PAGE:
UCC scholarship and grant process begins January 1
Each year, the United Church of Christ’s Office of Philanthropy and Stewardship selects recipients for 29 different scholarships and grants available that help undergraduates, seminarians and social justice groups pay the cost of their education.
But beyond providing financial assistance, the recipients of these scholarships and grants are given something else — affirmation from the wider church.
“The United Church of Christ offers a plethora of scholarships and grants, from undergraduate scholarships, to support for Members in Discernment who aspire to authorized ministry,” said Pat Lyden, associate director of grant and scholarship administration for the Office of Philanthropy and Stewardship. “The scholarships help to create the church’s future, by supporting its emerging and current leadership.”
The application process for scholarships, available on the UCC website, opens on Jan. 1 and concludes on March 1.
Raven Rowe, a member in discernment at Chicago Theological Seminary, describes receiving the William R. Johnson scholarship as a blessing that “affirms my call to leadership in the church, specifically as a queer person,” she said.
“The church affirms me in my queer identity, and it stands behind [me], providing support for me to go forth and become a leader in the church, as a queer person,” Rowe said. “This honestly means more to me than any amount of money ever could.”
“But the money has also been a blessing,” Rowe continued. “It has helped cover my commuting costs, so that I wasn’t required to maintain a second residence or relocate my family in order to attend classes on campus in Chicago. It has also helped me with living expenses and the ridiculous costs of the library of books that has become so treasured throughout my seminary experience. I have been able to buy all my course books, as well as a plethora of texts to help me in my recent research for my thesis project. Buying that many books, even if you are able to find them used, those expenses sure add up.”
The scholarship, open to UCC seminarians open about their sexual orientation, is in honor of William R. Johnson, the first openly gay man ordained in the UCC. The scholarship was established as a concrete way of affirming the church’s long-standing conviction that sexual orientation should not be a barrier to ordination.
“So, yes, the money has been a blessing. But having the support of the wider church, as a queer identified person, this support has been priceless,” Rowe said.
Ben Gifford, a third-year mechanical engineering major at Iowa State University, was a recipient of the UCC Undergraduate Scholarship the last two years, which he says makes paying out-of-state tuition and the cost of books a little easier each semester.
“The funds I receive are typically used to cover my books, and online access codes each semester,” Gifford said. “Access codes give students access to specific websites so they can log in and complete assignments teachers post. These books and access codes typically cost anywhere from $300 to $600 depending on the semester. If any money is left over after paying for books and access codes the money automatically goes toward paying my tuition.”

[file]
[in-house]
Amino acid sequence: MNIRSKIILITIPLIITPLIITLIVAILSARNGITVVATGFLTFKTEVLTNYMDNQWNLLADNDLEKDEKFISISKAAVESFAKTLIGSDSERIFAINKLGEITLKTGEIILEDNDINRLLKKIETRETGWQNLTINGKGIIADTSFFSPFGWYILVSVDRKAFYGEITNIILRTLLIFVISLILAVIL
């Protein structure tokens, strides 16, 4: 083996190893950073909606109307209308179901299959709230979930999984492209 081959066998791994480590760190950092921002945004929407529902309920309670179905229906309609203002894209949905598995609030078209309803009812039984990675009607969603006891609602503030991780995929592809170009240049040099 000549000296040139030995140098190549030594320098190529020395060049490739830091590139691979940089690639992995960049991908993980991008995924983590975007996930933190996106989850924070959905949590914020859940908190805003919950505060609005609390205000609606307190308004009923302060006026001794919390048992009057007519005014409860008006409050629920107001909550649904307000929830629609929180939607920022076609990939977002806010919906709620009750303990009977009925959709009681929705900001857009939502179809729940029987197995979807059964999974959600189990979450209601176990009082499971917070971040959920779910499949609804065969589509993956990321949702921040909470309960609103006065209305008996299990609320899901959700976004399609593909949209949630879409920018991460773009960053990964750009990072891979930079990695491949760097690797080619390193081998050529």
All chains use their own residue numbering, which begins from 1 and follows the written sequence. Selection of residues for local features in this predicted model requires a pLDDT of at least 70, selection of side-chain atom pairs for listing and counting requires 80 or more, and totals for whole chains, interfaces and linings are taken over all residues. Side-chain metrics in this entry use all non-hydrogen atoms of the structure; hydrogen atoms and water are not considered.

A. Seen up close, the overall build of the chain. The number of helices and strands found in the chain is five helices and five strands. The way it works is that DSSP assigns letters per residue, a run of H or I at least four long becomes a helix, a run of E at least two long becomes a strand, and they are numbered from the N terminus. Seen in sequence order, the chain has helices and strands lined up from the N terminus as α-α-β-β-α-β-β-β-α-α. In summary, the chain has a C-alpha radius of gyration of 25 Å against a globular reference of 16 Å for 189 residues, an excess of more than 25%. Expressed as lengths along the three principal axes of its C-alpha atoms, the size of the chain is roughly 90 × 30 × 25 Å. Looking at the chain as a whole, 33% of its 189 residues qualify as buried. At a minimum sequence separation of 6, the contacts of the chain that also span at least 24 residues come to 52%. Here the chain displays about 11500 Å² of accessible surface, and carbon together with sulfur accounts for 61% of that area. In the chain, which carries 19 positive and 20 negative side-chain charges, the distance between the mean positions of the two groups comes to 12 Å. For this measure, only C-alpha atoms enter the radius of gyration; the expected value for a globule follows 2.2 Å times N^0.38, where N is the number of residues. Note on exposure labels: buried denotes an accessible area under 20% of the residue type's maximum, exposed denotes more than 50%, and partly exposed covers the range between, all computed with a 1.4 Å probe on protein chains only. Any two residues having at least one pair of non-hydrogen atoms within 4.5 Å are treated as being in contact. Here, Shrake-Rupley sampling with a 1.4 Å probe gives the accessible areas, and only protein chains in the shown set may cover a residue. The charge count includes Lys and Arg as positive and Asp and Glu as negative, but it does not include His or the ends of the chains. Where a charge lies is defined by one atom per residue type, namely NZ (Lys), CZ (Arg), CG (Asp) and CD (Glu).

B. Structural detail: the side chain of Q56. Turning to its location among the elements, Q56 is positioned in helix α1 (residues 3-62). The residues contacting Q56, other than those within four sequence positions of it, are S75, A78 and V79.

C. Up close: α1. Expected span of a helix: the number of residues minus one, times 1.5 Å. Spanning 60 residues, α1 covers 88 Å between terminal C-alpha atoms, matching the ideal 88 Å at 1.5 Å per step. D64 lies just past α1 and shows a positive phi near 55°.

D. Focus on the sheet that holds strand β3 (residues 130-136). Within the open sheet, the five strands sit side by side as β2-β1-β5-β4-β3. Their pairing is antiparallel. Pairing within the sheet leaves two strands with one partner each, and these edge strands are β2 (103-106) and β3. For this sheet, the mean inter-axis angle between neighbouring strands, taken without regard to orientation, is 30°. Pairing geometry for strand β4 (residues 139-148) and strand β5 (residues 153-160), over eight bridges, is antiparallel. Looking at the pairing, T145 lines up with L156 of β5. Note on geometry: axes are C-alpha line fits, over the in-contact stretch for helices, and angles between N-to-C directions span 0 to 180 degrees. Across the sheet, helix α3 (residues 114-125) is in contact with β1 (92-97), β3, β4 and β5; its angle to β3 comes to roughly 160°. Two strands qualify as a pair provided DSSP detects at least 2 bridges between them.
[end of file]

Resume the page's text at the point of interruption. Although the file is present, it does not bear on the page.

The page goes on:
For out-of-state undergraduate students such as Gifford, from Bloomington, Ill., and a member of St. Luke Union church there, the cost of tuition, housing and books is about $29,960 per year for 2015-16, according to the university.
“I am very grateful for the scholarship I have received,” he said. “Without this scholarship, I would still be able to obtain my education. The difference is I would be taking more money out in loans to pay for my books and tuition. The scholarship really allows me to focus on my school and on improving my talents God has given me.”
Nikki Frontz, a member in discernment at Illiff School of Theology in Denver, received the Adrienne M. and Charles Shelby Rooks Fellowship for Racial and Ethnic Theological Students, a $12,500 scholarship, and the Rev. Dr. Joseph Henry Evans Scholarship for African-American UCC Seminarians. Frontz is in her final year of the M.Div. program at Illif, and a member of Air National Guard, where she served as as assistant chaplain.
The Rooks Fellowship was established to support the seminary education of members of the United Church of Christ from racial and ethnic groups underrepresented in our church who are committed to serving the UCC. The Evans Scholarship fund for African-American seminary students, established in 2009 by United Black Christians in covenant with the UCC’s Local Church Ministries, is awarded to aspiring justice advocates with proven leadership abilities.
“Visiting Africa for 17 days is a privilege that many are not afforded. Because of the Rooks Fellowship and the Evans scholarship, I was able to study abroad in Africa and my final year of seminary’s academic tuition, room and board was covered,” Frontz said. “Without these funds, I would not have been able to visit the land of my ancestors (Africa). I am more equipped to serve the UCC and continue the call for social justice in our world.”
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